A new concept and treatment options for MS

If it's on your mind and it has to do with multiple sclerosis in any way, post it here.

Postby Leonard » Fri Jan 21, 2011 8:51 am

copy form the thread on ccsvi:

Cece wrote:Here's another one, although they're drawing a different conclusion (assuming that the lowered glucose use in the brain is a result of "a deterioration of cortical activity" as the disease progresses, meaning we use less glucose because our brains are not doing as much. Seems like that is one possibility and the glucose-ccsvi-theory is another):

Cece, you are right, this is the question.

The discussion should concentrate neither on the neurological nor on the vascular dimension. The reason why we have taken this discussion so far is that we have been able and willing to look outside the box, that is the box of the neurologists. Now we should not make the same systemic failure of locking ourselves into the vascular box. Our primary goal must be to solve the mystery of MS, to find what causes MS and how to best treat it. In my view that should be done somewhere in the triangle between the three disciplines involved.

So then, how do we get vascular specialists/interventional radiologists, endrocrinologists/diabetologists and neurologists in one room to discuss the question?
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Postby Leonard » Sat Jan 22, 2011 12:07 am

Completing the picture with the last piece of the puzzle: the effect of immuno-suppressive drugs

It seems that we are faced now with a chicken and egg problem: which is there first, the MS or the ccsvi-insulin low glucose condition?

Let's recollect the facts:

1. Zamboni worked as a junior doctor on the island of Sardinia. He diagnosed many young people with vascular problems in the neck. 20 years later - he was already back for some time on the Italian mainland - he found that >90% of these young people had developed MS when adults.

2. In December 2009, a consensus position was agreed (in fact by unanimity) by the vascular experts of 47 countries that ccsvi is there first and causes MS later on. Also it was agreed that the venous strictures are pre-congenital in origin. http://www.ncbi.nlm.nih.gov/pubmed/20087280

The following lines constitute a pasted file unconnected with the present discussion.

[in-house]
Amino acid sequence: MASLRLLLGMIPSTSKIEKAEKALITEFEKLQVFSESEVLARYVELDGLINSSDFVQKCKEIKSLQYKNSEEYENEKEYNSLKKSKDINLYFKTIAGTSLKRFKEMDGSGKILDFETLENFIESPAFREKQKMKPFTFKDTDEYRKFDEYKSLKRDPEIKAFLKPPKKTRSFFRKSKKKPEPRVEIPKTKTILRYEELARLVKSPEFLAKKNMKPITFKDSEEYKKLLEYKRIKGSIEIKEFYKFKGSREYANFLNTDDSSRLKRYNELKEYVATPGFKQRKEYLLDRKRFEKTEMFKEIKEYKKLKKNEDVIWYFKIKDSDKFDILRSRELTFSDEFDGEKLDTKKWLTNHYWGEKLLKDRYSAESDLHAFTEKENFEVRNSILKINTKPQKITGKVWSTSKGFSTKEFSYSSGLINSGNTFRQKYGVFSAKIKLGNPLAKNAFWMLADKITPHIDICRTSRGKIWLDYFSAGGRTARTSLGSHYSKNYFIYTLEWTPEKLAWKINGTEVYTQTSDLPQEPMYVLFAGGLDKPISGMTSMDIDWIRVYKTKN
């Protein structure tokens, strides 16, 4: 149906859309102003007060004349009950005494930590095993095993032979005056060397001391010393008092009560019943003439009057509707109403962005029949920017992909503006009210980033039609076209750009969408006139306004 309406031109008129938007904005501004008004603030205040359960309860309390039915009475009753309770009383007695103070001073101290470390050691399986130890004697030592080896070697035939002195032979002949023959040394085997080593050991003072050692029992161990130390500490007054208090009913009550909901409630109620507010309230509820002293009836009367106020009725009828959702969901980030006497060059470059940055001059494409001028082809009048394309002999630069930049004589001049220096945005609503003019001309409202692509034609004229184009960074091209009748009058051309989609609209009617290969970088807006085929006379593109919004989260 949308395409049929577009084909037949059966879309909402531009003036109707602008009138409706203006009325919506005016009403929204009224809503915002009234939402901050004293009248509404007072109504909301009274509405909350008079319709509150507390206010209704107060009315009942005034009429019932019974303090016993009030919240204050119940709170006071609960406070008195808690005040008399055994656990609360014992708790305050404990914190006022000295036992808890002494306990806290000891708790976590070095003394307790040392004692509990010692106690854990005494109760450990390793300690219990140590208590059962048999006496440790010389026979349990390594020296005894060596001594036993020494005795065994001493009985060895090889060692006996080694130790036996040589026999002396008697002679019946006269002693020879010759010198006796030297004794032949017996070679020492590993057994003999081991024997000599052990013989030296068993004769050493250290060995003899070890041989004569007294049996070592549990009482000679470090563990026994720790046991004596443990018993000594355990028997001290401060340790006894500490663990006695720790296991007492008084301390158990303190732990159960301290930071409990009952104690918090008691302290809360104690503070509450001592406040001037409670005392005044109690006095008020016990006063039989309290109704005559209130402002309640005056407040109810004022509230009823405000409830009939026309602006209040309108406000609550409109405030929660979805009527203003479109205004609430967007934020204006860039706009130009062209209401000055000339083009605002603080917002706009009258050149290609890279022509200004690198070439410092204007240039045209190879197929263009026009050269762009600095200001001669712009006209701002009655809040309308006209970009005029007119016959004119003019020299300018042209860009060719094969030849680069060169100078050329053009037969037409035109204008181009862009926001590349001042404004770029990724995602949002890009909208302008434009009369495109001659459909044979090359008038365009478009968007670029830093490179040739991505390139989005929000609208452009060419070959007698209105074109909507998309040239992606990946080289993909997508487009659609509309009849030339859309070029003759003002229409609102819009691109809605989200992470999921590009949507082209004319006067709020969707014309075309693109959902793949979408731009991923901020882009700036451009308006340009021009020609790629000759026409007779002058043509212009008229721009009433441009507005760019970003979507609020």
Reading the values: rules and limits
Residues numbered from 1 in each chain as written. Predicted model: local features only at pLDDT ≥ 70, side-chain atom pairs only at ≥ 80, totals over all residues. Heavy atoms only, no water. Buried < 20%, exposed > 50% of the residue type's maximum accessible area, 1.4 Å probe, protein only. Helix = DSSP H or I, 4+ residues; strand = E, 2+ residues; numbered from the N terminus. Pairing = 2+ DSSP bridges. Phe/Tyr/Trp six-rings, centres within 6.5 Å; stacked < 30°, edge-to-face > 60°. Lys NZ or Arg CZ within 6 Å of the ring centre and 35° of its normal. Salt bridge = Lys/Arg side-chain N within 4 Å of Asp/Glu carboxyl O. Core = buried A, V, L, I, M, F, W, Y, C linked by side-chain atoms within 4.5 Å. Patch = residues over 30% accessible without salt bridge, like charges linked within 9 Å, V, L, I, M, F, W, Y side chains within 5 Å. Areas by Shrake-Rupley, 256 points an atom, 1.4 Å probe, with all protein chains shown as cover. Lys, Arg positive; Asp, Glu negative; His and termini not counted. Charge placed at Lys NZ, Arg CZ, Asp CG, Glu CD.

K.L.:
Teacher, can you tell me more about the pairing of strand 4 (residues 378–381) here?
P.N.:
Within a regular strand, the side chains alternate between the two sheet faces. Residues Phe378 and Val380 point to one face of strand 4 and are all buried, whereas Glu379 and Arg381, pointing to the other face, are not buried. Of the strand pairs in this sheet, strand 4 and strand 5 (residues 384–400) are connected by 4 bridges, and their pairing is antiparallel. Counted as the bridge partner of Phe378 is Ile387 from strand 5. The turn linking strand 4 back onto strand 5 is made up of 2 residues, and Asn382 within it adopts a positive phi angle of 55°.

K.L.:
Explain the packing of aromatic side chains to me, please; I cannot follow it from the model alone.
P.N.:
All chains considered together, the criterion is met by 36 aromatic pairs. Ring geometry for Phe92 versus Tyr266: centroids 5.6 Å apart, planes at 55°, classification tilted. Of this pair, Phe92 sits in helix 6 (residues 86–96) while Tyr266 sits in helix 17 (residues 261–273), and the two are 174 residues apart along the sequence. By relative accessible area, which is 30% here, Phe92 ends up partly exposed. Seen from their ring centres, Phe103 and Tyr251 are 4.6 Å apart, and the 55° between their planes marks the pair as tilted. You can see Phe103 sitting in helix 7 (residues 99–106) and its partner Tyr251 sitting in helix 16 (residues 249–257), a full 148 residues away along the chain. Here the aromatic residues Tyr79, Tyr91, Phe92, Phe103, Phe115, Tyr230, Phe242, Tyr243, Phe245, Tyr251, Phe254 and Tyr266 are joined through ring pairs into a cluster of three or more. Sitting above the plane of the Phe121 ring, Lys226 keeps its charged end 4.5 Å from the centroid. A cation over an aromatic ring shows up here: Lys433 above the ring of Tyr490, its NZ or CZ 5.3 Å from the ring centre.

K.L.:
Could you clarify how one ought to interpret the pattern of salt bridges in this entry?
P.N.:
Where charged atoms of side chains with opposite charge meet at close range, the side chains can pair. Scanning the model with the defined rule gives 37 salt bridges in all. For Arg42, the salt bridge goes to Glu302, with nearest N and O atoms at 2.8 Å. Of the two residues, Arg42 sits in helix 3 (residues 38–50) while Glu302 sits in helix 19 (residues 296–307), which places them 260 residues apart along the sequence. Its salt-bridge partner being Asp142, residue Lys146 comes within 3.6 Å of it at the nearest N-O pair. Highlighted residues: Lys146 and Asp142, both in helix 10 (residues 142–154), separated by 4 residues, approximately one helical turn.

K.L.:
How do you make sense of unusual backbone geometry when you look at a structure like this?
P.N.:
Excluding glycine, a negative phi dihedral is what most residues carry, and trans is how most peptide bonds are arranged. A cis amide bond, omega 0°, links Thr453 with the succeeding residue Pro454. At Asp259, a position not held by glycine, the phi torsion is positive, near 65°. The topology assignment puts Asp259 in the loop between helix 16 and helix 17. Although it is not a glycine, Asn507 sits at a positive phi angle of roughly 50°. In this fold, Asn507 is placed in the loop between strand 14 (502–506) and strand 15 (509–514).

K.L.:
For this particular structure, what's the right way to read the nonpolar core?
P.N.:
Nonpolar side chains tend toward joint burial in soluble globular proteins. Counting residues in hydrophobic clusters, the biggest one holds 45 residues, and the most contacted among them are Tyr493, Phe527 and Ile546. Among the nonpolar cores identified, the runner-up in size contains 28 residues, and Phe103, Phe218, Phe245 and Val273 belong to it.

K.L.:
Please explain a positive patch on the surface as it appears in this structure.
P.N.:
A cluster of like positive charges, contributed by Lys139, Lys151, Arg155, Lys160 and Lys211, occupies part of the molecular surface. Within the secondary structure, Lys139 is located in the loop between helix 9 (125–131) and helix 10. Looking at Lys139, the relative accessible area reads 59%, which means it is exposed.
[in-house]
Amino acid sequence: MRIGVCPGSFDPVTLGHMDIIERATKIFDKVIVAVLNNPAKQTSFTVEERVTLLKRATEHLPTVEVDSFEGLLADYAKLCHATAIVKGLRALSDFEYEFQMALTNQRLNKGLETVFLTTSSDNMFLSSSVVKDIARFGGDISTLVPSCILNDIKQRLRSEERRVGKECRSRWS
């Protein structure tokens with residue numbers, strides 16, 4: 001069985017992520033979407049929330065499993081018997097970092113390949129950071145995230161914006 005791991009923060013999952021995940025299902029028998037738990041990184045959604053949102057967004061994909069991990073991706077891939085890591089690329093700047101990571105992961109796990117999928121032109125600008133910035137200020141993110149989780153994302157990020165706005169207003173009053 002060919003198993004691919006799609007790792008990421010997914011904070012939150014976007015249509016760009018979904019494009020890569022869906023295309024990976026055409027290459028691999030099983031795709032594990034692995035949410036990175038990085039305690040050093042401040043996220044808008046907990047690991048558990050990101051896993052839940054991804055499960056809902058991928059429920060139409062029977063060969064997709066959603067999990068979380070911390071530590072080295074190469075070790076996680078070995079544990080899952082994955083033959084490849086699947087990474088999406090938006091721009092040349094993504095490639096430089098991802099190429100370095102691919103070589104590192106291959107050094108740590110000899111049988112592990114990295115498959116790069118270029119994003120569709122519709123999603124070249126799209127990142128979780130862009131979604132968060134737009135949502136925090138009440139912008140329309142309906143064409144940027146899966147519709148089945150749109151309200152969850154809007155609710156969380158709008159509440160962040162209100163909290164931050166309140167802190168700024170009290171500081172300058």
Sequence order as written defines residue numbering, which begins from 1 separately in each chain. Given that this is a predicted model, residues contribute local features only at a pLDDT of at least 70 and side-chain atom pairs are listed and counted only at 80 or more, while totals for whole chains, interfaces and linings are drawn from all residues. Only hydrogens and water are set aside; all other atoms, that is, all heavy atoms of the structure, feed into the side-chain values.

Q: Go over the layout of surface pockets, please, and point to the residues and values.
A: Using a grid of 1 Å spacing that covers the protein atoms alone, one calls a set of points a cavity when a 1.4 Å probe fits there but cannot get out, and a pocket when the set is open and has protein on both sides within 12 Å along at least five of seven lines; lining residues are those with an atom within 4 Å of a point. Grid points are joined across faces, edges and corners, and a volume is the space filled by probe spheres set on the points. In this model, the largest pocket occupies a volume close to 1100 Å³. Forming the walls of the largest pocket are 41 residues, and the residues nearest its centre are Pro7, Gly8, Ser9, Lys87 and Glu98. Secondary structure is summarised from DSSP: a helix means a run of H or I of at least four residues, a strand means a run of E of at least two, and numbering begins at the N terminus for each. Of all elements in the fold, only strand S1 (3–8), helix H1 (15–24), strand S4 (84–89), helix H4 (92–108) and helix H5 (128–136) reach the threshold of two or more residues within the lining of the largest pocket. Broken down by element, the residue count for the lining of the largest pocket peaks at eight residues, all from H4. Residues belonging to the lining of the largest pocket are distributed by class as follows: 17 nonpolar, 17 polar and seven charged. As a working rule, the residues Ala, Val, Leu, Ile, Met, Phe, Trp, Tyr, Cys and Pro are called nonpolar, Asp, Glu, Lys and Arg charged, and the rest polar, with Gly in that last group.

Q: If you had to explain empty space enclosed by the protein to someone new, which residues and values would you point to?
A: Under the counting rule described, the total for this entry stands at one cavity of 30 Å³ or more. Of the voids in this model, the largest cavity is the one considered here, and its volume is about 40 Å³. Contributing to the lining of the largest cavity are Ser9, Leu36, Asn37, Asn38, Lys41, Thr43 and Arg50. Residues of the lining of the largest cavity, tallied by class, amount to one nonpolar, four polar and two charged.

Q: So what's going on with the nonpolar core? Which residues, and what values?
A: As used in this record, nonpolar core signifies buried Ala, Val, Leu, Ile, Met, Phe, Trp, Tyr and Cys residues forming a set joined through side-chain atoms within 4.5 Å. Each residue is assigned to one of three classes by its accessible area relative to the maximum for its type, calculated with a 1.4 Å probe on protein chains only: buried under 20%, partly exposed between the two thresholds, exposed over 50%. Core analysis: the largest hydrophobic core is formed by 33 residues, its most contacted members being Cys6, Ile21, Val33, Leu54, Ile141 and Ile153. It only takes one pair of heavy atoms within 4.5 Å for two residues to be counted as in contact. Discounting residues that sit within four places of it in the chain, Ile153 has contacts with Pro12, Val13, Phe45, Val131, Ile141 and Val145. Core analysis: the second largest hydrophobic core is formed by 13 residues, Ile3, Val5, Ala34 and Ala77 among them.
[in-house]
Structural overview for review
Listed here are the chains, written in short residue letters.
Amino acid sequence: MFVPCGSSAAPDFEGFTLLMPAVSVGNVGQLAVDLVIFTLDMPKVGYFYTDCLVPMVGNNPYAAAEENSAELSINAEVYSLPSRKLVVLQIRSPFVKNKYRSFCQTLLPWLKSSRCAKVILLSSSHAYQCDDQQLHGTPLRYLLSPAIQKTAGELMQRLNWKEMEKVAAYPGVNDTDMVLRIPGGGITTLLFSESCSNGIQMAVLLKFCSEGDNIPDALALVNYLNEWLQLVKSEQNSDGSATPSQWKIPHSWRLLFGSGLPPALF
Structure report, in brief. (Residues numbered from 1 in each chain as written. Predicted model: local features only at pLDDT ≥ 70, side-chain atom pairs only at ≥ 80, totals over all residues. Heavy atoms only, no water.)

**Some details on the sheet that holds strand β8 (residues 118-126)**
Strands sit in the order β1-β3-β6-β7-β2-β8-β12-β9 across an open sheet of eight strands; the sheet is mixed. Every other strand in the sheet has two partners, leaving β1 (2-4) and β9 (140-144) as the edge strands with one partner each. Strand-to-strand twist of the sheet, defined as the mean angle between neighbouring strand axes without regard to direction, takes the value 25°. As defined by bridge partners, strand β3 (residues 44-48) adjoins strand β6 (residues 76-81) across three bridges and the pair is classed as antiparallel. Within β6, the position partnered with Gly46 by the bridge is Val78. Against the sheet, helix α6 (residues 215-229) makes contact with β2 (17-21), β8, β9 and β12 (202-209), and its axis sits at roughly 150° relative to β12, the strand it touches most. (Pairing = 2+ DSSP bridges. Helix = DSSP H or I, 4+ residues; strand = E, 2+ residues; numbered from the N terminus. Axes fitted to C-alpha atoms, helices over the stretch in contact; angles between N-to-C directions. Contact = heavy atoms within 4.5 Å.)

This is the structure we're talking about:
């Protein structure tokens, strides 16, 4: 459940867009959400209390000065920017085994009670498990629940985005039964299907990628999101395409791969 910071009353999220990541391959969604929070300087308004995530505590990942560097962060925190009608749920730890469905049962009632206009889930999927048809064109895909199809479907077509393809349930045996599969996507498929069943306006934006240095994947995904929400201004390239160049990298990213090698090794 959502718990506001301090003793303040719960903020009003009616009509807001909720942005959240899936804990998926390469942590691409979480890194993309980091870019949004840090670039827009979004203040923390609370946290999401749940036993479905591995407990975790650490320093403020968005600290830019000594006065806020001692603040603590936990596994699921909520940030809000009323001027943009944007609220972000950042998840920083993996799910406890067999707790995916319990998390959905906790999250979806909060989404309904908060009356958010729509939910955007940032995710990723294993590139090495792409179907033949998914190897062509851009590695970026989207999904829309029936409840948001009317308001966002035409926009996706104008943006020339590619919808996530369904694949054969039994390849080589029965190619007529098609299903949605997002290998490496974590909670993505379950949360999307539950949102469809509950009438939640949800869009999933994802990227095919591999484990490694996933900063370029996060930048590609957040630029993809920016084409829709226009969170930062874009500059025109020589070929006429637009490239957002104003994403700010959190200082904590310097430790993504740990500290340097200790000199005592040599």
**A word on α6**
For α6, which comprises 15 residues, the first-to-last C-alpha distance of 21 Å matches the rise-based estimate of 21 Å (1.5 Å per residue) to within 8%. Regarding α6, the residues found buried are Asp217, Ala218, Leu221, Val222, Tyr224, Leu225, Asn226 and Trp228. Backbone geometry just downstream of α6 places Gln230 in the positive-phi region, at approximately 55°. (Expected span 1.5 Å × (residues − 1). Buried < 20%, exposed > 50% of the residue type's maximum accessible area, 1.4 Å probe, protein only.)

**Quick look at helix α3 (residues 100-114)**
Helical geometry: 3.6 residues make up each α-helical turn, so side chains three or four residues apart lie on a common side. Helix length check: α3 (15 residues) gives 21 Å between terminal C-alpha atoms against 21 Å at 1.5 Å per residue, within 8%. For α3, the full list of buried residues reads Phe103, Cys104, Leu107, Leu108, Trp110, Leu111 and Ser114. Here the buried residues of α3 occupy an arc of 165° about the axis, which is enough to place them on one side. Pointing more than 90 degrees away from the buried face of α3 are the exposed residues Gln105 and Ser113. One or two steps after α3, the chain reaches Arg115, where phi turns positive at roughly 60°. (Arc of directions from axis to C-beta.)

3. The autoimmune concept for MS is a hypothesis that even today - after 60 years - is still a hypothesis. However, with the low glucose condition, all pieces of the puzzle fit together neatly (double peak in the age of onset, vitamine D relation, MS and diabetes relation ..)

With these facts, let's assume that the ccsvi-insulin low glucose condition is there first.

What happens when there is a sustained shortage of nutrition of the brain cells for many years? We will start to see an inflammation of the vessels /BBB as the immune system is starting to clean up the mess caused by the death of myeline cells and neurons. This inflammation then will further deteriorate the transport of glucose /nutritution along the BBB. That is where the vascular dimension and the neurological dimension start to interact.

The effect of immuno-suppressive drugs will dampen the inflammation and may slightly improve the functioning of the BBB, I guess in particular for RR. However, the situation of malnutrition caused by the poor blood flow, the iron depositions and the insulin resistance, will sustain; and the underlying process of demyelination and axonal death will continue; and as a result the progression of the disease with a further debilitation will carry on. I think the papers on the glucose transport and the BBB (see above postings) may perfectly fit within such concept of the issue.

All the major pieces of the puzzle are now known, and the full picture can be put together. The solution lies somewhere around the intersection of the 3 disciplines: vascular specialists/interventional radiologists, endrocrinologists/diabetologists and neurologists. I hope they pick up this message and solve the problem expeditiously and with force.
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Postby jgkarob » Sun Jan 23, 2011 3:41 am

There is a piece missing from this hypothesis puzzle.
What is your opinion on the different types of MS?

Your theory doesn't once mention relapses.

I'm a low-carb diet MSer. I've been low carbing for many years after several blood tests revealed that my very low fat diet wasn't working.

Since eating a gluten-free low carb diet, my health has been good. However, my relapses are sudden and debilitating.
In the year following my conversion to low-carbing, I had two knee operations and a massive reaction to a drug (Hyaluronic acid for meniscal supplementation) and my MS was diagnosed the next year.

Since diagnosis, I have had some on-off periods with the diet, until 2006, when I became very strict.
I have had only one relapse since then, in 2009 after some months without beta-interferon.
I've been on Rebif for 10 years now and that relapse in 09 was bad enough to put me in hospital for 2 weeks. After which, I went back to my regime of Rebif/LDN/gluten-free/low-carb/vitamin D3 supplementation.